Acquisition of rights by one in the lands of another, based on possession or use, is not favored in the law and the acquisition of such rights will be restricted. [citing authorities] Any doubts as to the creation of the right must be resolved in favor of the owner. Id. at 65
In either prescription or adverse possession, the right is acquired only by actual, continuous, uninterrupted use by the claimant of the lands of another, for a prescribed period. In addition the use must be adverse under claim of right and must either be with the knowledge of the owner or so open, notorious, and visible that knowledge of the use by, and adverse claim of, the claimant is imputed to the owner. In both rights the use or possession must be inconsistent with the owner's use and enjoyment of his lands and must not be a permissive use, for the use must be such that the owner has a right to a legal action to stop it, such as an action for trespass or ejectment. (emphasis supplied) Id. at 64.
Further in either prescription or adverse possession, the use or possession is presumed to be in subordination to the title of the true owner, and with his permission and the burden is on the claimant to prove that the use or possession is adverse. This essential element as well as all others must be proved by clear and positive proof, and cannot be established by loose, uncertain testimony which necessitates resort to mere conjecture. [case citations omitted] Id. at 64.
In Florida there is no presumption that adverse possession once shown to exist continues to do so. The claimant must, by clear, definite and accurate proof show that the possession continued for the full period required by law. [case citation omitted] Id. at 64.
Also, "* * * the limits, location, and extent of his occupation must be definitely and clearly established by affirmative proof, and cannot be established or extended by presumption * * *" [case citation omitted] And the pleadings, as well as the proof, particularly where a prescriptive way is claimed, must show a reasonably certain line, by definite route and termini. [authorities omitted] Id. at 64.
According to Downing v. Bird in order to establish the elements necessary to acquire a prescriptive right the user must allege, and by clear, definite, accurate, and positive proof, prove (1) that the user has made a certain particular and actual use of lands owned by another, (2) that such use has been continuous and uninterrupted for the full prescriptive period of 20 years, [*14] (3) that during the whole prescribed period such use has been either with the actual knowledge of the owner or so open, notorious and visible that knowledge of the use is imputed to the owner, (4) that such use related to a certain limited and defined area of land or, if for a right-of-way, the use was of a definite route with a reasonably certain line, width and termini, [*15] (5) that during the whole prescribed period such use has been adverse to the owner; that is, (a) the use has been made without the permission of the owner and under some claim of right other than permission from the owner, [*16] (b) the use has been either exclusive of the owner or inconsistent with the rights of the owner of the land to its use and enjoyment [*17] and (c) the use has been such that, during the whole prescribed period, the owner had a cause of action against the user for the use being made.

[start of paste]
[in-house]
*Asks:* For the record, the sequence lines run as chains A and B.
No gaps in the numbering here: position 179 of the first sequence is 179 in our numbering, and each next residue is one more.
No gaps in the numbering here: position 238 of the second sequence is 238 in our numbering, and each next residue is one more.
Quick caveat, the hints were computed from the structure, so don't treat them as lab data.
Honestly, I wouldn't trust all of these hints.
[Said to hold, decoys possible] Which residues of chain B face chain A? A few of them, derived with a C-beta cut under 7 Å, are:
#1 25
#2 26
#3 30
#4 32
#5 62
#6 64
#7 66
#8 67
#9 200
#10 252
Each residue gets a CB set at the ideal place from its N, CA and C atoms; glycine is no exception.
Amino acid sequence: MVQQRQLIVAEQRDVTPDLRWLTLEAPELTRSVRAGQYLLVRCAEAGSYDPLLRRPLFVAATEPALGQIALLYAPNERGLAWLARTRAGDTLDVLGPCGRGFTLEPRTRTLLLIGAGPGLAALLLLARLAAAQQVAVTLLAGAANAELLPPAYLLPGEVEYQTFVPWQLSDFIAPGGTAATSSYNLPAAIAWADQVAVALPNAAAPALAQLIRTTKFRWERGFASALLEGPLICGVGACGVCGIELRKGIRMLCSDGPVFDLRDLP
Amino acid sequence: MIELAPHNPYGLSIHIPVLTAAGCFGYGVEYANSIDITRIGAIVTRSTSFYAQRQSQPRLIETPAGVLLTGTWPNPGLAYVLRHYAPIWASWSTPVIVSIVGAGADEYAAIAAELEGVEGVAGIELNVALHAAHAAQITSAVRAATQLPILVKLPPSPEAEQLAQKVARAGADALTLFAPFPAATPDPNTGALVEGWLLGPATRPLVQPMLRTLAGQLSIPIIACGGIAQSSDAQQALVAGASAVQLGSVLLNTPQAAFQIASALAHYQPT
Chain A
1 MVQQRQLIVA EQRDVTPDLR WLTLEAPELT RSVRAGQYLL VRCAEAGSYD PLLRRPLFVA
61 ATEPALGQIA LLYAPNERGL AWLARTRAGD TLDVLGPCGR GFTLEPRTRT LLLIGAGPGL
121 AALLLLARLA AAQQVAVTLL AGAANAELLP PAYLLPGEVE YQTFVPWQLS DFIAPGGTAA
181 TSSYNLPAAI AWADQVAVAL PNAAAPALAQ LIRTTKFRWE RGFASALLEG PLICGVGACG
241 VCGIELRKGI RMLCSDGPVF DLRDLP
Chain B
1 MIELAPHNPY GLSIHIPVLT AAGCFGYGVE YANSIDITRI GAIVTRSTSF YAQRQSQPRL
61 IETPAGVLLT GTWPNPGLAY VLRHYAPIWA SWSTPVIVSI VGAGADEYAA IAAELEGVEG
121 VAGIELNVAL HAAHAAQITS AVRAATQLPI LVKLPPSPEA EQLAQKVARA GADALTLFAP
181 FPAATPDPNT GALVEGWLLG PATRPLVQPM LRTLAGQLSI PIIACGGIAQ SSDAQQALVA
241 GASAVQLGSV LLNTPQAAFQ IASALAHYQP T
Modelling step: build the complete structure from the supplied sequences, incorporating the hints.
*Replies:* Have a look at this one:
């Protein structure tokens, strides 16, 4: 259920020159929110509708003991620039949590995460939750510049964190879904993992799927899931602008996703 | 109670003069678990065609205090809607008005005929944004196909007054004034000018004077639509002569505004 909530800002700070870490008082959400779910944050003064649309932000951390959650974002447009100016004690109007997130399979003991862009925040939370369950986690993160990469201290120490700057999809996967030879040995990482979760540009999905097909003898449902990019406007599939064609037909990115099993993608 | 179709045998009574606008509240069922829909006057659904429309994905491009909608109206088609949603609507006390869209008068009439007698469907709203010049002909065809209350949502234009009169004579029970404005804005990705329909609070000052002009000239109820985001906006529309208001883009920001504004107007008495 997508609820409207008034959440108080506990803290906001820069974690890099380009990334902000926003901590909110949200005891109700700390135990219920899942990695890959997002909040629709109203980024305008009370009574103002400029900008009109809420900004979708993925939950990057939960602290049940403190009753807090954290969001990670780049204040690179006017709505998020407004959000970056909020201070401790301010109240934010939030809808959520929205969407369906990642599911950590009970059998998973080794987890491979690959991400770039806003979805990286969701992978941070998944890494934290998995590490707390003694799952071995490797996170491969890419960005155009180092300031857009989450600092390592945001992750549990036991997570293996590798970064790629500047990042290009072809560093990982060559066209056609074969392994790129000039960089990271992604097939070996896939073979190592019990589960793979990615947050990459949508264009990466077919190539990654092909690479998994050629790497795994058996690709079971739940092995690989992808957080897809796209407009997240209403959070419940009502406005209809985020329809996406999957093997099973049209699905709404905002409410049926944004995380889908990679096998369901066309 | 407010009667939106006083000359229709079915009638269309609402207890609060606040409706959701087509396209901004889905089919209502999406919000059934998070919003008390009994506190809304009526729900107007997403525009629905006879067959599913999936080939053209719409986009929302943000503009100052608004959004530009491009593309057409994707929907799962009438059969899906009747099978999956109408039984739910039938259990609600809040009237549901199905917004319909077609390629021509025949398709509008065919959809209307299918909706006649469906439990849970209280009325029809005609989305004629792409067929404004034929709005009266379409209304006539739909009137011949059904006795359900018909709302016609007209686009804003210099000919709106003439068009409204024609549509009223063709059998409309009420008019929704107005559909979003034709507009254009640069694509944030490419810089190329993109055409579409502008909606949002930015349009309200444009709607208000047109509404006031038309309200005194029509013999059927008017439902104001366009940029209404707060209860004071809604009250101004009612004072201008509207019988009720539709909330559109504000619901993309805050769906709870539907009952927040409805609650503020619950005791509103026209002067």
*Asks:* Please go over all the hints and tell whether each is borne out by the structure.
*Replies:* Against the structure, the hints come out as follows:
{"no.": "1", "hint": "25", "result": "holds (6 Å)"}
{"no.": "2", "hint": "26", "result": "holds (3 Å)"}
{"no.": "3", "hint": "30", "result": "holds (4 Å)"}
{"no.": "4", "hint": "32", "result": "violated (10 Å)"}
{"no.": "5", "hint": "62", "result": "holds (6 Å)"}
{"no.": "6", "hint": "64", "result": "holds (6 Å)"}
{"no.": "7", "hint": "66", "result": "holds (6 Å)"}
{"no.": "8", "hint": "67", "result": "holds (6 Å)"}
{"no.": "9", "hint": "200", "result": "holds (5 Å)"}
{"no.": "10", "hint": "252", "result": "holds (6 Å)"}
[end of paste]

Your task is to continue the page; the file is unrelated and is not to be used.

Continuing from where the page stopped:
This case was presented and tried in the style of a "confession and avoidance," as the power company confessed, as the owners claimed, that the power company was an entity with the right of eminent domain and was using the owner's lands for a public purpose without the present owner's permission or consent. The power company sought to avoid the necessity of paying the owners for such use by affirmatively alleging and proving that it had acquired the right to use the owner's land in two ways: by express grant from the Lillys and by prescription. Most of the time and argument at trial related to efforts of the power company to establish that because its power lines were on and over the land and because the Lilly easement was recorded, the owners knew, when they acquired their land in 1974, that the power company was claiming and using a power line right-of-way over the property. These matters were really not in issue. The problem with the power company's case is that, as a matter of law, neither of the two affirmative defenses as alleged stated a cause of action necessary to establish an easement that was legally effective against the whole interest in the land title nor did the power company's proof establish a valid easement by express grant or by prescription nor did it otherwise constitute an avoidance or affirmative defense to the owner's cause of action. The two defenses that were attempted to be asserted by the power company, when properly pled, are in theory mutually repugnant and inconsistent and the power company's attempt to prove its insufficient allegations resulted in conclusive disproof of both.